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Sellars, Richard West. Preserving Nature in the National Parks: A History. New Haven, CT: Yale University Press, 1997.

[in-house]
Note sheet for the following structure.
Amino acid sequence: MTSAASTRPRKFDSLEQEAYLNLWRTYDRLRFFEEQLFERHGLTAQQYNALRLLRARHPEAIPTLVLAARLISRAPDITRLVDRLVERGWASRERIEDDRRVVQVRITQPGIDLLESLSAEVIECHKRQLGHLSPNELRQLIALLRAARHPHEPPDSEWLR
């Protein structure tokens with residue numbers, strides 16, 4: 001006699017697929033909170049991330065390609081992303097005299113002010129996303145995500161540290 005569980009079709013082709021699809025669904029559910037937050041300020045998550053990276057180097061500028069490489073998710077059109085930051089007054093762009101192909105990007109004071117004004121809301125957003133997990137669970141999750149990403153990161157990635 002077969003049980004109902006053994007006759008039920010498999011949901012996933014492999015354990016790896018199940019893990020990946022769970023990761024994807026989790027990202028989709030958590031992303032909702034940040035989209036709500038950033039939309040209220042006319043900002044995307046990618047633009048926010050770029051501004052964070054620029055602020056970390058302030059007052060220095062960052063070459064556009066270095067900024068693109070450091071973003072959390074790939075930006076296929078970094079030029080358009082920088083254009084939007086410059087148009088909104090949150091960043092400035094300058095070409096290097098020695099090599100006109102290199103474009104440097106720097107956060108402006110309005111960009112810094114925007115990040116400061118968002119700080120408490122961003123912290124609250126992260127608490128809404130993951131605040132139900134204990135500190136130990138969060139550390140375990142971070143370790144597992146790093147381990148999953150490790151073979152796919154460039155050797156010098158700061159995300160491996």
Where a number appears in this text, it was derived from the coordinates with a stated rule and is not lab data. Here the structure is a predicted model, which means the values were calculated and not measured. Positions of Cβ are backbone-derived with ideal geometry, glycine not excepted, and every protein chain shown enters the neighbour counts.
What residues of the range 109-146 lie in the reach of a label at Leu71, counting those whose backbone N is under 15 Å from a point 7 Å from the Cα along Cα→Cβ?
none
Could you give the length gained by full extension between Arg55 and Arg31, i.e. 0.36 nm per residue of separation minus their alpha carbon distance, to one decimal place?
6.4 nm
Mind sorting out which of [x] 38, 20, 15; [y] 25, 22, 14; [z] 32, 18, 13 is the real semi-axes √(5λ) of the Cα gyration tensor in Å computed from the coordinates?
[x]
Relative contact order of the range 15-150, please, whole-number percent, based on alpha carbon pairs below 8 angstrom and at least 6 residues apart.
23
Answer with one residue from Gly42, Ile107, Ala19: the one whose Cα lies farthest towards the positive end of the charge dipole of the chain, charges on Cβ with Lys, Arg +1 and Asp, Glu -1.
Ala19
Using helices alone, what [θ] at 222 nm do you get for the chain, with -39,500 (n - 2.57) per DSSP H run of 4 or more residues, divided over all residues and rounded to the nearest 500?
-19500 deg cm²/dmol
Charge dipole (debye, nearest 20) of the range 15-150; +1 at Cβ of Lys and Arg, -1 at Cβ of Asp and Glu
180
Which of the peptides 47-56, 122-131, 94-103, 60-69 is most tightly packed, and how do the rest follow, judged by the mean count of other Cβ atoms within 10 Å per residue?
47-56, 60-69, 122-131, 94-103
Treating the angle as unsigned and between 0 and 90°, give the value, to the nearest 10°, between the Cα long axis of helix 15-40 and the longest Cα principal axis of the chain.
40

In this book, National Park Service historian Richard Sellars traces the changing concepts of natural resource management in the national parks. Sellar's basic thesis is that a persistent tension has existed within the National Park Service between development of parks for tourism (recreational and scenery management) and preservation of natural resources and conditions (ecological management) within them. Sellars challenges the prevailing myth that the early national parks were set aside principally as nature preserves. Instead, he demonstrates that recreational tourism as envisioned by corporate interests formed the chief intent behind the national park concept. Clearly sympathetic toward the ecological stance, Sellars sums up the primary difference between scenery and ecological management as follows: "to the untrained eye, unoccupied lands can mean unimpaired lands, even where scientists might quickly recognize that human activity has caused substantial biological change. The loss of ecological integrity may have little or no effect on the aesthetics or the general appearance of an area" [S. Trail]